Wolfsburg, Germany - After seven years of making do with 2-litre engines (insert milk jug and Coke bottle joke here), Volkswagen has finally upped the power ante with a high output turbodiesel V6 in its Amarok double cab. But, all of VW's customers, and even the potential ones, who have been hankering for a badder German bakkie since 2010, will now have to put their money where their mouth is because this one won’t come cheap.
The Amarok V6 is scheduled for South African launch this July, and while we don’t have exact pricing yet, we were given a rough idea of costs while on a test drive in Germany last week. Our local line-up will comprise a Highline derivative likely to come in just over the R700 000 mark, and a top of the line Amarok Extreme just below R800 000. Both derivatives come with the same 165kW/550Nm (180/580 for ten seconds of overboost) 3-litre engine permanently driving all four wheels through the same eight-speed auto gearbox as current 132kW/420Nm 2-litre biturbo versions.
We’re also waiting for exact equipment specifications, but expect the Highline to mirror the current 2-litre version with items like cruise control, a colour touchscreen with Bluetooth phone prep, cloth seats, electric mirrors, ABS with EBD brakes, and four airbags. The Extreme (called the Aventura overseas) will add satnav, 19” wheels (20" as an option), leather upholstery, 14-way electric front seats and a moulded body-colour roll bar in the load bin among others.
Even after repeated questioning of German top brass at VW’s light commercial vehicles factory in Hannover, the brand remained mum on why it took so long to include what seemed an obvious engine fitment from the start of Amarok. Nevertheless, we have it now, and it shouldn’t disappoint even the torque hungriest buyers in the leisure pickup market. Though it’s tuned to specific parameters here, the 3.0 under the hood is essentially the same unit as found in Porsche’s Macan, Cayenne and Panamera, numerous big-bodied Audis including A8 and Q7, as well as VW’s own Touareg SUV. In other markets there will also be two less powerful Amarok V6s, but we’ll get the top version only.
Volkswagen quotes a tow rating of 3500kg (with a braked trailer of course) with over a ton of load capacity, and while my test drive didn’t involve such work-oriented activities, I did get to blast it for a few hundred kilometres of high-speed Autobahn highway. As expected it’s a refined piece of hardware which delivers heaps of power in a swelling surge typical of big displacement turbodiesels. It ticks over fairly quietly with a faint turbo whistle at idle and at traffic-congested speeds, but when the road opens for a full-throttle burst the beast beneath the bonnet roars to life in a way that’ll send its most muscular rivals running for cover with towbars tucked beneath their bumpers.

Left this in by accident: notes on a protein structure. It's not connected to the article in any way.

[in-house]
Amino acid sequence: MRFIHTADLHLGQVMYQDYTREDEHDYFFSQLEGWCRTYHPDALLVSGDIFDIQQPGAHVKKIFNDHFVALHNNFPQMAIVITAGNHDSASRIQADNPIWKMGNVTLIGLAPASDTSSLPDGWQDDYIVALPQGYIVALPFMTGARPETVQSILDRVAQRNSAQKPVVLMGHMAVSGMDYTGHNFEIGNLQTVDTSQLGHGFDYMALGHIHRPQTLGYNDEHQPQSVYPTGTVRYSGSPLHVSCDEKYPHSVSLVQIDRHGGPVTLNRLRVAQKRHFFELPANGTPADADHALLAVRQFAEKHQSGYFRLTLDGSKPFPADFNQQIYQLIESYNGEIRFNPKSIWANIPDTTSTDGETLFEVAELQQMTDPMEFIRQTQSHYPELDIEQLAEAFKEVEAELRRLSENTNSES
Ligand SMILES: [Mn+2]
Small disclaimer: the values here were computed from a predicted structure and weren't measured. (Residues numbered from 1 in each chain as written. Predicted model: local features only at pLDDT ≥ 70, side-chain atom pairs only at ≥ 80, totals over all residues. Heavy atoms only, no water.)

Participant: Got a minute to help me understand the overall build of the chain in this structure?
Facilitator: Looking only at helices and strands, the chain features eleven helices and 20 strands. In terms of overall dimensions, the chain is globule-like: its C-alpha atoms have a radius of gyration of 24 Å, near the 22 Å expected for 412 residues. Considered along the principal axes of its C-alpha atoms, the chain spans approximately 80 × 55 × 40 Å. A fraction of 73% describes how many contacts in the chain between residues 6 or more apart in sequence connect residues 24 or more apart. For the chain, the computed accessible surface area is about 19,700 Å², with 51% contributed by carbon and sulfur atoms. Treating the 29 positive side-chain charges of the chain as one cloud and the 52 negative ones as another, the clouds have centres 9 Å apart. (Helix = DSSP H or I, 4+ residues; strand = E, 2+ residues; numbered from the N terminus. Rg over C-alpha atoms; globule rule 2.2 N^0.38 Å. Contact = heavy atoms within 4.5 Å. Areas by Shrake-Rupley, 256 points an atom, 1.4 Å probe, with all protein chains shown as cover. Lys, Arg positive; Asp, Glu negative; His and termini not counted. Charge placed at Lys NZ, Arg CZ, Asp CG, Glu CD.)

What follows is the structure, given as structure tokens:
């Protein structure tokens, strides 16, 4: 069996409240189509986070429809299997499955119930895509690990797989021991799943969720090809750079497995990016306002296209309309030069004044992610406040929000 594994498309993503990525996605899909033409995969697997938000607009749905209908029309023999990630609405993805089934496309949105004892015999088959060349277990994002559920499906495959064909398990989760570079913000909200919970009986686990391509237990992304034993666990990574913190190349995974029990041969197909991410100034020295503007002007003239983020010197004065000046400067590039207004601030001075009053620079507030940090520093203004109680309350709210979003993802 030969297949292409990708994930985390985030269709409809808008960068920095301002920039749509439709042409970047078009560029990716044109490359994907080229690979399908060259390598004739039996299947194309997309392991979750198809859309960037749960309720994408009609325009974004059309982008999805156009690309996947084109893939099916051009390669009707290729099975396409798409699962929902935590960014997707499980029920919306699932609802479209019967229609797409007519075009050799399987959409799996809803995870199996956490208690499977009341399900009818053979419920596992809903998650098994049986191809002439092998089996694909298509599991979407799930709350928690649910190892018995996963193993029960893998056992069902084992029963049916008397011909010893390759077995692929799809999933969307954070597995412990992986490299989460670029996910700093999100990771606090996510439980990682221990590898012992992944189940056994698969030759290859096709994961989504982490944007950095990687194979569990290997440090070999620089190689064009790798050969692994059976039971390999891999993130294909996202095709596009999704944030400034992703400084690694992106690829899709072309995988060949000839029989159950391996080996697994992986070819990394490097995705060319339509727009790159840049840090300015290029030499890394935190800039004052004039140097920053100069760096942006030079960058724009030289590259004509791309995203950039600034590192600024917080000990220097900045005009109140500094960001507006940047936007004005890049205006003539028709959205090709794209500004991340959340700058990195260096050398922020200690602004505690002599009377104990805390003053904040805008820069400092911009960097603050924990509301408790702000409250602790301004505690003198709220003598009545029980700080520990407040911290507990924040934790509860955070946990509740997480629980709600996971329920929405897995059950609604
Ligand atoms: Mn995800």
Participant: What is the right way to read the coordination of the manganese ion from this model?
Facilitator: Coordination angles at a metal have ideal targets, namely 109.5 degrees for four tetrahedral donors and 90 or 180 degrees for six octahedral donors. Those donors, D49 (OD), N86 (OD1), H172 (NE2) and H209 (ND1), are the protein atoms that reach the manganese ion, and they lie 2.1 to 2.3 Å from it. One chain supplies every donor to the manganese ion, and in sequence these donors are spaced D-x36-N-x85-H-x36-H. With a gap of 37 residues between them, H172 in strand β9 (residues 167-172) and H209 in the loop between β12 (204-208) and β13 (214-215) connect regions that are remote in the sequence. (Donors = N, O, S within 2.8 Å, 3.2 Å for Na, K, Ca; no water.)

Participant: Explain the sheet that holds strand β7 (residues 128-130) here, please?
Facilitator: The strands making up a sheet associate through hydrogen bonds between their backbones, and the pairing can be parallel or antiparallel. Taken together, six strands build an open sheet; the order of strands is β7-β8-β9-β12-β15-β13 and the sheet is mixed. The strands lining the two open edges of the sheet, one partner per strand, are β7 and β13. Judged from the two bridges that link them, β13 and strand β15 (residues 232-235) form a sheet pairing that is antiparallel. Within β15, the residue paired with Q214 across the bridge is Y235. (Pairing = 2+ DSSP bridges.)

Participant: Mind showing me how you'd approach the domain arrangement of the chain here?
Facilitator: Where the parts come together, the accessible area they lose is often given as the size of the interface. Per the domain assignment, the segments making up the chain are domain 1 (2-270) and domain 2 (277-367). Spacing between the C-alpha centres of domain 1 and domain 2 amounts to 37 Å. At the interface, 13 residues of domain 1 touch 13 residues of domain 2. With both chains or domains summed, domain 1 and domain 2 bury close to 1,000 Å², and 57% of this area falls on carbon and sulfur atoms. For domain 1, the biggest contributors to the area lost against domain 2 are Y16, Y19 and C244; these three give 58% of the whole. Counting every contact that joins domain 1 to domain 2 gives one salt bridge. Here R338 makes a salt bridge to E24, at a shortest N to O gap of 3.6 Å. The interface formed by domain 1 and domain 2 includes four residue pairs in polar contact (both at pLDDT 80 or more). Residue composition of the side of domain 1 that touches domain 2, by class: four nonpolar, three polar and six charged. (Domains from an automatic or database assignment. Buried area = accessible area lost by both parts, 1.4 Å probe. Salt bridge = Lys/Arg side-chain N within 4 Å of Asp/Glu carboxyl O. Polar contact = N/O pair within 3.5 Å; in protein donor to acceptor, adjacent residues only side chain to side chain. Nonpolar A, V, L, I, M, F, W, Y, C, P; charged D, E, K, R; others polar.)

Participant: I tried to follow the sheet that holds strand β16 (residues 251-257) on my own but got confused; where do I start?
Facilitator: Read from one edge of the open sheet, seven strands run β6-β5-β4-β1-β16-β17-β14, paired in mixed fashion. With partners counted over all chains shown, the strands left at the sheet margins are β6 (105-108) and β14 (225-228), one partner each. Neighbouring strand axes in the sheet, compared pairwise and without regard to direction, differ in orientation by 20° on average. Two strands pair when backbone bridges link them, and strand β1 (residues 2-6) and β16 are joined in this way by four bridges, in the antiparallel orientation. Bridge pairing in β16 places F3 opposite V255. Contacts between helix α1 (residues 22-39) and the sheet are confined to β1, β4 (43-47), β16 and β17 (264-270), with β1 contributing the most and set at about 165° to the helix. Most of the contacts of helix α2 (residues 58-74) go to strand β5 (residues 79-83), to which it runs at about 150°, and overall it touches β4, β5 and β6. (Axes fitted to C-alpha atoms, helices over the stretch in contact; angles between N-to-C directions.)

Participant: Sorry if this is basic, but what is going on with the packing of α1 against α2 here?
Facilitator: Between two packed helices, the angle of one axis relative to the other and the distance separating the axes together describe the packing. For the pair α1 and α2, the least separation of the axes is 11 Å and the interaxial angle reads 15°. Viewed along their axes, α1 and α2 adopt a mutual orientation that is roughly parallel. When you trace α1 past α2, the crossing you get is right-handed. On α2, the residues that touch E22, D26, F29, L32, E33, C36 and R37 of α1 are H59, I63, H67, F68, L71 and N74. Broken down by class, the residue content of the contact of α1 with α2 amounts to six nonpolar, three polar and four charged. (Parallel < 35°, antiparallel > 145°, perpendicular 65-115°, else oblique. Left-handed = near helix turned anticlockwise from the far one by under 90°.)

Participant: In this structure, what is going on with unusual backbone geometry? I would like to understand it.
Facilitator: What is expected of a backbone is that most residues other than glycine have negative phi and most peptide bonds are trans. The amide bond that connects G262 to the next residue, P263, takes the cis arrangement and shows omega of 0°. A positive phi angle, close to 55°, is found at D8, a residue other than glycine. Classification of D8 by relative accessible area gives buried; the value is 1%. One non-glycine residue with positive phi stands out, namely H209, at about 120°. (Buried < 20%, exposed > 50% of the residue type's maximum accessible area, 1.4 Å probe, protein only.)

It’s a beautiful marriage with that self-shifter too, happily ticking through its eight ratios until it settles on an ideal match for revs versus speed. At 3000rpm the Amarok V6 cruised at around 180km/h (on an unrestricted section of Autobahn, obviously), and even then it would skip down three gears in a blink with a right foot hoof.
The V6 introduction will coincide with a facelift of the rest of the Amarok range in July (the current Ultimate model will be discontinued), and though it’s a fairly insignificant refresh on the outside, the interior has been upgraded to be even more upmarket than it already was. Infotainment systems have been upgraded with better screens, CarPlay has been added for Apple phone users, and the remoulded seats have even been given a nod of approval by a group of chiropractors from the "Healthy Back Campaign". I can confirm they are very comfortable over long distances.
There are some hard plastics if you go scratching around at the back of, and underneath the dashboard, but as a whole the new model’s cabin is easily at a level of quality to take on the larniest bakkies at the premium end of the market. But none of them can match this V6 in sheer grunt.
Not by a longshot.
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